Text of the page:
Many people ask me, "How will I know if I'm in love?" Answer: Anyone who's in love usually knows it; the real question should be are we mutually in love, or am I wasting my time?
If you want to be secure in your primary relationship, knowing how to create mutuality and work together greatly increases the chance that you'll make it as a couple. When I'm counseling couples on the verge of divorce, it's amazing how establishing mutuality allows the love to come back.
Mutuality Prevents Heartache
Hundreds of years ago, a lyricist wrote:
When Love is kind, cheerful and free,
Love's sure to find welcome from me.
But should Love bring heartache and pang,
Tears and such things, Love can go hang.
Love that is not mutual is the kind that brings "heartache and pang"—and can leave you wondering how you ever left yourself open for such agony.
Mutual love, however, means you can feel secure that you both love and are loved equally, and are approximately equal in your energy for staying together. There are four major areas of mutuality that must be present if a relationship is to succeed and grow: love, benefit, trust and support.
Mutual Love: Love is the constantly renewing energy that keeps a commitment alive. When both partners feel loved, and both feel appreciated for being loving, commitment can thrive.
Mutual Trust: As promises are kept and feelings respected, trust in each other grows. In order for equality to exist, both partners must experience roughly the same degree of trust.
Mutual Benefit: The benefit we gain is based on what each person knows he or she will get out of the relationship, and how each person is enhanced by being in the relationship. While each partner may perceive different benefits to differing degrees, and may value certain benefits differently, the sum total of the relationship must feel similarly beneficial to both partners; if not, unequal power results, and resentment will develop.
Mutual Support: Although relationships can involve a certain amount of stress, when we feel committed, we feel willing to face the difficulties and the challenges of working things out. Implicit in a loving relationship is the understanding that you and your partner will support each other—emotionally, financially, mentally, spiritually, verbally—to the best of your ability, through both good times and bad.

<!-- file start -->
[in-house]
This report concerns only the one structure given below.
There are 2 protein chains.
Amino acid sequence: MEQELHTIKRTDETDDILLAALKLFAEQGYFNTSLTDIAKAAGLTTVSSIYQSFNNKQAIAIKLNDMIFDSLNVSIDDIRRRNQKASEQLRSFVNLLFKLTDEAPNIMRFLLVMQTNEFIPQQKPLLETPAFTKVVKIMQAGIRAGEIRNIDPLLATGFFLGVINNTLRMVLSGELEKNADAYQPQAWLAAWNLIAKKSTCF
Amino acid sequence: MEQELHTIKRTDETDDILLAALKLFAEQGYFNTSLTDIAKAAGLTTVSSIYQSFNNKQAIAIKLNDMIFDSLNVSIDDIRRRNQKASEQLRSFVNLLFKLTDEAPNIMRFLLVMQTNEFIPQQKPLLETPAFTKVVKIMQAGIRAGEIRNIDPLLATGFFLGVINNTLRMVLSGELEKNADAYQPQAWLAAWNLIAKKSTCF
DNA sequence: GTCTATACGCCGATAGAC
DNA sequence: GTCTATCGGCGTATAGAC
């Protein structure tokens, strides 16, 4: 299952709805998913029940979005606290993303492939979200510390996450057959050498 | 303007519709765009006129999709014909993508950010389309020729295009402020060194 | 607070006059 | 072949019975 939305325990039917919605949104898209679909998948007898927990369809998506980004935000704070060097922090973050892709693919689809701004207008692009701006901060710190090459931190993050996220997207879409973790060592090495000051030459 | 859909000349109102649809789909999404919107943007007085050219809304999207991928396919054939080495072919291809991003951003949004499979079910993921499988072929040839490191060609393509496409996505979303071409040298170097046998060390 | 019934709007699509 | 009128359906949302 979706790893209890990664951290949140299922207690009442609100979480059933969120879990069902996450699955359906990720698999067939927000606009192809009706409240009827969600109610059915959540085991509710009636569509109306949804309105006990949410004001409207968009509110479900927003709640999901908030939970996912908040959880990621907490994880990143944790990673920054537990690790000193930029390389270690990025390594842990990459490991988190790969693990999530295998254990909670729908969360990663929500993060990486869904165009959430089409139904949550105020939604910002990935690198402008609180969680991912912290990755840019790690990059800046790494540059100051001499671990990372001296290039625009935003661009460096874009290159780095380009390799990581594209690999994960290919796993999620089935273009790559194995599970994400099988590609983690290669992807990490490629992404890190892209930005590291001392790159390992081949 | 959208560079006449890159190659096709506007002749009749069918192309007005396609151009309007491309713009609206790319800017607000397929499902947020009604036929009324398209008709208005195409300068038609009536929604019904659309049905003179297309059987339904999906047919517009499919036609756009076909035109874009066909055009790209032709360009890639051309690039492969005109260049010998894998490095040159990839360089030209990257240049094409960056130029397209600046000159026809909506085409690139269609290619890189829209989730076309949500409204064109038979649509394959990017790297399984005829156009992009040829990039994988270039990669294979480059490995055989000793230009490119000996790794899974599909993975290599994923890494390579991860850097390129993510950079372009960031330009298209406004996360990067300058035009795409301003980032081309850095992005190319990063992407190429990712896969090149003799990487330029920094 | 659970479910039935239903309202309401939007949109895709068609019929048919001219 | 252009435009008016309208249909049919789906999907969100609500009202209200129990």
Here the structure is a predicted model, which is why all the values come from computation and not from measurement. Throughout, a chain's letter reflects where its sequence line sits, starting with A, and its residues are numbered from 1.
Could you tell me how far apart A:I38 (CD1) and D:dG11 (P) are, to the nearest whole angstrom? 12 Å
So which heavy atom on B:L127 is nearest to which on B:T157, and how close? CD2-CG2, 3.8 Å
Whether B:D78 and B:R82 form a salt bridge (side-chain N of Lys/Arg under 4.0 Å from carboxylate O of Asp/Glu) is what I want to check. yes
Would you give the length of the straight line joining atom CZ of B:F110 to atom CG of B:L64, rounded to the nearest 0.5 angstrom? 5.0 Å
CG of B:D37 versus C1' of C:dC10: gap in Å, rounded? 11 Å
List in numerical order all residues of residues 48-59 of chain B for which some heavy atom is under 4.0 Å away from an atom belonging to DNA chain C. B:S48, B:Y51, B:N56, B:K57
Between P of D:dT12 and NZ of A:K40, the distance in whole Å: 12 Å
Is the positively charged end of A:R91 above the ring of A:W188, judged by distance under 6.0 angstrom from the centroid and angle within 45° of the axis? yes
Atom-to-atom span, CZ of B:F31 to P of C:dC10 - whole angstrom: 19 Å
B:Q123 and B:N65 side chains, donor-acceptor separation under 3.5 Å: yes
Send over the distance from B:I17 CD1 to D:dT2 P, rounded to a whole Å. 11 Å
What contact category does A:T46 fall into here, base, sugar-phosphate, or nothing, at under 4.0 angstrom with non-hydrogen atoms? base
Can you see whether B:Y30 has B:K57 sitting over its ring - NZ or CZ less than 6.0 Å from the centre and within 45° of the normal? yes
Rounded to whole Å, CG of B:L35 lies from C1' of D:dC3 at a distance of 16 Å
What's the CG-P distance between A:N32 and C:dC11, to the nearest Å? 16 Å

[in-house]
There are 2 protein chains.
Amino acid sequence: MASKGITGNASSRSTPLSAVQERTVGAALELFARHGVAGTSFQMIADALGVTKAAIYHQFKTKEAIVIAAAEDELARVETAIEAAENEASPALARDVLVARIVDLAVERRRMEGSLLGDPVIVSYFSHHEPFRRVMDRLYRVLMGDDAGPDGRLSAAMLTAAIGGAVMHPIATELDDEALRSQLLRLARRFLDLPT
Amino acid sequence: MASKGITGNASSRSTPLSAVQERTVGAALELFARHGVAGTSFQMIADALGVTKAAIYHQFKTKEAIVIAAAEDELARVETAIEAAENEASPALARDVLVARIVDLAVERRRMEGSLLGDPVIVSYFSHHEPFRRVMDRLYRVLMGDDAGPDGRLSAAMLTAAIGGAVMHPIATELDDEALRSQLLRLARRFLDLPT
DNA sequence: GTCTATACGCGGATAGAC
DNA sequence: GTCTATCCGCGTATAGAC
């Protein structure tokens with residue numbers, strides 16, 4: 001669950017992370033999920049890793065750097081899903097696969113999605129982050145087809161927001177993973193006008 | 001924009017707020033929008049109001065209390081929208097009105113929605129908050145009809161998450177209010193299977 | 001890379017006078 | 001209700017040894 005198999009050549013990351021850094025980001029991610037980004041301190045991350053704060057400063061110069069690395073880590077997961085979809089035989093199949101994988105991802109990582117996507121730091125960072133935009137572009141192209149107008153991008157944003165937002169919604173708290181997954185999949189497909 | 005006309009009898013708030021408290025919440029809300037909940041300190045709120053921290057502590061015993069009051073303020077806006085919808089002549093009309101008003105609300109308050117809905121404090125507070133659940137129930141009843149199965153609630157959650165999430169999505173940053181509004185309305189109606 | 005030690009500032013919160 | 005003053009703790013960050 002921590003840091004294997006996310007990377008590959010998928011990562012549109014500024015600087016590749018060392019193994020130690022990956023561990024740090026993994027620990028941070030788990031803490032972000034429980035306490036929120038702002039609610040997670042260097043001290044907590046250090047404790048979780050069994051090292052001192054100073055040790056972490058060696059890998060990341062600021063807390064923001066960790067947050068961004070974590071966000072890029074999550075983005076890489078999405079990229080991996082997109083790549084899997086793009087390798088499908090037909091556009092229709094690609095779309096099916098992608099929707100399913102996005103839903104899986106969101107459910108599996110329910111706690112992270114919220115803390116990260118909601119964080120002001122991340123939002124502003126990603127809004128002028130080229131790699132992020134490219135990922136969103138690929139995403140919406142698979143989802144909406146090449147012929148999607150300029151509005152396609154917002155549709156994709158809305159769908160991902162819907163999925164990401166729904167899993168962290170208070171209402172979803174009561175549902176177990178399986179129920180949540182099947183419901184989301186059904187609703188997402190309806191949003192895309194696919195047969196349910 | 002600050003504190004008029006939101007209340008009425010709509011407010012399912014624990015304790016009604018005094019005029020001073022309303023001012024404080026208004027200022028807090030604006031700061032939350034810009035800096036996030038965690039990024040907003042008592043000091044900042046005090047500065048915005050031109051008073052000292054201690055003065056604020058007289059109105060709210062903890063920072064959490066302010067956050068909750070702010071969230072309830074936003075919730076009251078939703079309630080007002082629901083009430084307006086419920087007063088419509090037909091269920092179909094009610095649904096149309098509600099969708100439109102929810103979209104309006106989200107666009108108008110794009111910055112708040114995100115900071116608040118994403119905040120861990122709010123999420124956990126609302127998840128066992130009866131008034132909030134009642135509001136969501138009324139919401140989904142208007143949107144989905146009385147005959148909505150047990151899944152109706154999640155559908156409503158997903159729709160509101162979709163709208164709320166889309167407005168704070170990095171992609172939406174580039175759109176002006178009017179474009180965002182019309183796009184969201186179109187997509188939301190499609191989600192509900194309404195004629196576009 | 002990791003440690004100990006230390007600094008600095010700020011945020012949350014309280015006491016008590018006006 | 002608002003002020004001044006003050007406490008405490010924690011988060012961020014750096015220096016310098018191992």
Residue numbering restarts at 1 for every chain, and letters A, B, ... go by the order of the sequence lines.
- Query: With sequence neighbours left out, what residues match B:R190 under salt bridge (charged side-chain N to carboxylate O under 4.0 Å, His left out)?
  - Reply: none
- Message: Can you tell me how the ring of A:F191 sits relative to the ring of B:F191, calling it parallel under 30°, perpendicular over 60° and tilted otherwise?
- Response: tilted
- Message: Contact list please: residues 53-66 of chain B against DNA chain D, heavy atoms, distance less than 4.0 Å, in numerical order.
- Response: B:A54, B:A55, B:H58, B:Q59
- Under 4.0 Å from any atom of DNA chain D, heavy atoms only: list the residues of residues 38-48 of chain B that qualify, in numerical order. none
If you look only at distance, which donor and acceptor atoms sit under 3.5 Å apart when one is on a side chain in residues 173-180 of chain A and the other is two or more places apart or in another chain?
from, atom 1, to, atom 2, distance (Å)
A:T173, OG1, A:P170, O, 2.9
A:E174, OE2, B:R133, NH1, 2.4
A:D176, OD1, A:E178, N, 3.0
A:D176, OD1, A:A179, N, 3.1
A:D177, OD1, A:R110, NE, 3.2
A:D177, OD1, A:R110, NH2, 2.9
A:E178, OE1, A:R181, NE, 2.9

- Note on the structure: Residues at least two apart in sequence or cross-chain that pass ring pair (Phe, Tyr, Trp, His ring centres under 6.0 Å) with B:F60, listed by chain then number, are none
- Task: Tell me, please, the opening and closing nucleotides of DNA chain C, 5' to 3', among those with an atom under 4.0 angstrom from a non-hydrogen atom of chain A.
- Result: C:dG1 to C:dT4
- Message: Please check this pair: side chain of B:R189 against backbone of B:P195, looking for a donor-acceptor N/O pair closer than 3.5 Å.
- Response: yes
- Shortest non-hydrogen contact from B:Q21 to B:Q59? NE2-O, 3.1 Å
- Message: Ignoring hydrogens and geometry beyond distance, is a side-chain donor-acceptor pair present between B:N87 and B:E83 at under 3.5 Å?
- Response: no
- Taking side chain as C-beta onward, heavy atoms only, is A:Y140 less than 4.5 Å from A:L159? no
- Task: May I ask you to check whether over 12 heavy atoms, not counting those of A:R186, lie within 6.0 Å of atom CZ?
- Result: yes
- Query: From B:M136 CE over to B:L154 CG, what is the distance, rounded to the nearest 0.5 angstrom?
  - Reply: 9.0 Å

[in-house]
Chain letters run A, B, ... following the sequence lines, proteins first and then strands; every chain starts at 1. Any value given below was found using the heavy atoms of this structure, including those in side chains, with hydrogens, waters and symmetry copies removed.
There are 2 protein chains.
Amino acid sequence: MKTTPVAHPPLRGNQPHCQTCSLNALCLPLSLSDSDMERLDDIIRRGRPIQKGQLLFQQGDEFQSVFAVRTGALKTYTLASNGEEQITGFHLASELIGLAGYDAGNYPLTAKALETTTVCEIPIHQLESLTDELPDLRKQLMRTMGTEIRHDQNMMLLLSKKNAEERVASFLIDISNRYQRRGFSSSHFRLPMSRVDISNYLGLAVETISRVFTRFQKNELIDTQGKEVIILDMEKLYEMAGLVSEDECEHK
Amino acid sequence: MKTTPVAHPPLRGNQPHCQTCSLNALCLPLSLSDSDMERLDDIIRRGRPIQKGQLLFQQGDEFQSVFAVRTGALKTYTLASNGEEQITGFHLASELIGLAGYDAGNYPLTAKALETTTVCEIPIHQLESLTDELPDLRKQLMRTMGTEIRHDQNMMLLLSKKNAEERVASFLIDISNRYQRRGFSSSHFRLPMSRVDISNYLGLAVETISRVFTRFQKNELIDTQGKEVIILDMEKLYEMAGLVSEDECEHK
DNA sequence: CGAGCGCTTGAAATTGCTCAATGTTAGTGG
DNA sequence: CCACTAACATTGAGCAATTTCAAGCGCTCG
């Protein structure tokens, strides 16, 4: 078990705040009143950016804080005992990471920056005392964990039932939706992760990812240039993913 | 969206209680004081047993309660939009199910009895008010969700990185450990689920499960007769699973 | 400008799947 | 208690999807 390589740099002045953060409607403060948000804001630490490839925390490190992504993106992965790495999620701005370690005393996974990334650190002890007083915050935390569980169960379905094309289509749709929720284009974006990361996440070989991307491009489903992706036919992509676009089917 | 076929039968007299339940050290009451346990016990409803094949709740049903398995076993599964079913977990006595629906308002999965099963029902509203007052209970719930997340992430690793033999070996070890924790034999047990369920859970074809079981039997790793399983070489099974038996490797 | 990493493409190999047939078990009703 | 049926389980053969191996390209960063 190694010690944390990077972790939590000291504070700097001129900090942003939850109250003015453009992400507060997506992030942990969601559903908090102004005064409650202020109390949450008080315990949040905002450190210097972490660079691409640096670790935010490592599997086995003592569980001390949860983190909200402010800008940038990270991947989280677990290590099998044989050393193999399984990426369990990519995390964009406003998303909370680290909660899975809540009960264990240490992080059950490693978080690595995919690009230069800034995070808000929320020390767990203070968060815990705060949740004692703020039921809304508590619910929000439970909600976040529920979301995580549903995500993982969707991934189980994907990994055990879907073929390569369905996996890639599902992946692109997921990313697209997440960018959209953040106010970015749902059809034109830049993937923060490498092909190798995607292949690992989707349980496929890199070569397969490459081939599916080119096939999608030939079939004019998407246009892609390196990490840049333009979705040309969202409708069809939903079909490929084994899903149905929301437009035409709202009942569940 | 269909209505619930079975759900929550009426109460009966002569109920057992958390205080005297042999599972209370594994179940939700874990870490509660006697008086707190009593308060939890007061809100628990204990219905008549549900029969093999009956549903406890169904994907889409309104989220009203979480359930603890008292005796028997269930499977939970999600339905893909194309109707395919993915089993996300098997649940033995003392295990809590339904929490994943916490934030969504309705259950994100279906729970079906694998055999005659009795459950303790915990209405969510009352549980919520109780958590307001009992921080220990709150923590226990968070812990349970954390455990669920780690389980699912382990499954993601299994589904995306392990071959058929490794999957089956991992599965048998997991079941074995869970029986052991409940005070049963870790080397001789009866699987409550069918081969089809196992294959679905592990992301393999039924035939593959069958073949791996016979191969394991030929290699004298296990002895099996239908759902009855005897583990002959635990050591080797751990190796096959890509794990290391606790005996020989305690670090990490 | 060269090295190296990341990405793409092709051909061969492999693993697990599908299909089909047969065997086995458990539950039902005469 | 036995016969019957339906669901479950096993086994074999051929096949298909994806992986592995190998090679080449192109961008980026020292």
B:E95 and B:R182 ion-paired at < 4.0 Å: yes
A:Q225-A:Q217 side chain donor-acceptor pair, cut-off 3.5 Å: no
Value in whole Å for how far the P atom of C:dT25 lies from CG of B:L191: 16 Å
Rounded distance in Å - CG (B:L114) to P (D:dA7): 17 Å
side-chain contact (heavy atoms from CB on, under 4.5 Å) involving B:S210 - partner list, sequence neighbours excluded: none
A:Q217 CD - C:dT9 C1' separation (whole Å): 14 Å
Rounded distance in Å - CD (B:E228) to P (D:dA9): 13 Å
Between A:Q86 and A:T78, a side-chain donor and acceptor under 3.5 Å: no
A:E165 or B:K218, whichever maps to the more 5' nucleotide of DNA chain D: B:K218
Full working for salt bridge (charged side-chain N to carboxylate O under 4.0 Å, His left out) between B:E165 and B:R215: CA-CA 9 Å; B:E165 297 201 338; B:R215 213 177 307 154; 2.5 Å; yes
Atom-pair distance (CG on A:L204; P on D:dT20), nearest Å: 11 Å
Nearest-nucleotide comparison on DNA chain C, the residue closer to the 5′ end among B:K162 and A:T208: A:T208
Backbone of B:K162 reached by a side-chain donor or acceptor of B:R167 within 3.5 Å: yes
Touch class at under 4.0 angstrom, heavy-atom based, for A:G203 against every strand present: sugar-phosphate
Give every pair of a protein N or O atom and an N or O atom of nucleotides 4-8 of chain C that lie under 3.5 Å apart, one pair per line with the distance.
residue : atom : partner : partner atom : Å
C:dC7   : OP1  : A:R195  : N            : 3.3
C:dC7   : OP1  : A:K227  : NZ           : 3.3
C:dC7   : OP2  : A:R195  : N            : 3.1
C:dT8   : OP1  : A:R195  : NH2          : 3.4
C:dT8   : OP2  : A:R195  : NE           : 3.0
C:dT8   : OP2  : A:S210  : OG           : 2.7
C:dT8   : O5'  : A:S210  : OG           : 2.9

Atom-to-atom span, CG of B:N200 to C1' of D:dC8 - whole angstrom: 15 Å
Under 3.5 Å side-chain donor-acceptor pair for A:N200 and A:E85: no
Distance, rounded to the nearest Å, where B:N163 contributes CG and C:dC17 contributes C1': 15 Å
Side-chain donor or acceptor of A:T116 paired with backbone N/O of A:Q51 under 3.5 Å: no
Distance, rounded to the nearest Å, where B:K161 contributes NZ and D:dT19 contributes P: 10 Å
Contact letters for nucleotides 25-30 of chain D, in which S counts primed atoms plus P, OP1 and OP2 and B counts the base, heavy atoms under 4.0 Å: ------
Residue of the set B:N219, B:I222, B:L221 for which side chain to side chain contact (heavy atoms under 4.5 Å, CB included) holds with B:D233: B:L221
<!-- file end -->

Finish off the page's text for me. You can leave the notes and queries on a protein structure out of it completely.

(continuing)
When the above four conditions exist, the mutuality necessary for true love exists. Recognizing this is especially important if you have past relationship experience in which your needs have not been met, you felt unloved, or you were abandoned. Evaluating your mutuality is also a good way to discover whether you are ready to commit to a relationship, or need more time to build.
If you're paying attention to whether you and your partner both feel love, trust, benefit, and support, your intuition will probably be a pretty good indicator of whether mutuality truly exists. Most people report that they are aware when their relationships feel unfair and unequal.
To Build Mutuality
If the love, trust, benefit or support in your current relationship seem unbalanced, the following guidelines can help you create mutuality where you need it.
To build mutual love: Let each other know when you feel loved, and show your appreciation for it. If you're not getting the kind of love you want, you can say so, and negotiate for what you want. If you're worried that your partner is not feeling loved or appreciated, don't let it pass. Ask about it, and let your partner know you're willing to solve the problem together.
To build mutual trust: Only make agreements that you can actually keep. If something unavoidable or unforseen is going to prevent you from keeping a promise, renegotiate in advance. In order to have love that works, you must be willing to say no when you mean no, and help your partner feel free to do the same. When you can trust each other to say no, you will also trust each other when you say yes.
To build mutual benefit: Ask yourselves what's in the relationship for each of you. Consider whether the decisions you are making will benefit both of you. For example, if one of you decides moving is a great idea, what will the benefit be to your partner?
To build mutual support: Discuss what support means to each of you (for example, support can be emotional, verbal, or financial in nature). Experiment with different ways of giving support to each other, and discuss how supportive they feel.
If you're feeling that one or more of the criteria for mutuality—love, trust, benefit or support—is not shared or equal, say so. It's always best to tell your partner, no matter how uncomfortable you may feel about doing so.
If you do not, resentment and anger can build and, sooner or later, explode; what is perhaps only a small and easily solvable problem now can thus become a major issue later on, blown out of all proportion.
© 2010 Tina B. Tessina
Adapted from: How To Be a Couple and Still Be Free (New Page)ISBN #1-56414-549-2 and The Unofficial Guide to Dating Again (Wiley) ISBN#0-02-862454-8
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This article was originally published at Tina B. Tessina
. Reprinted with permission from the author.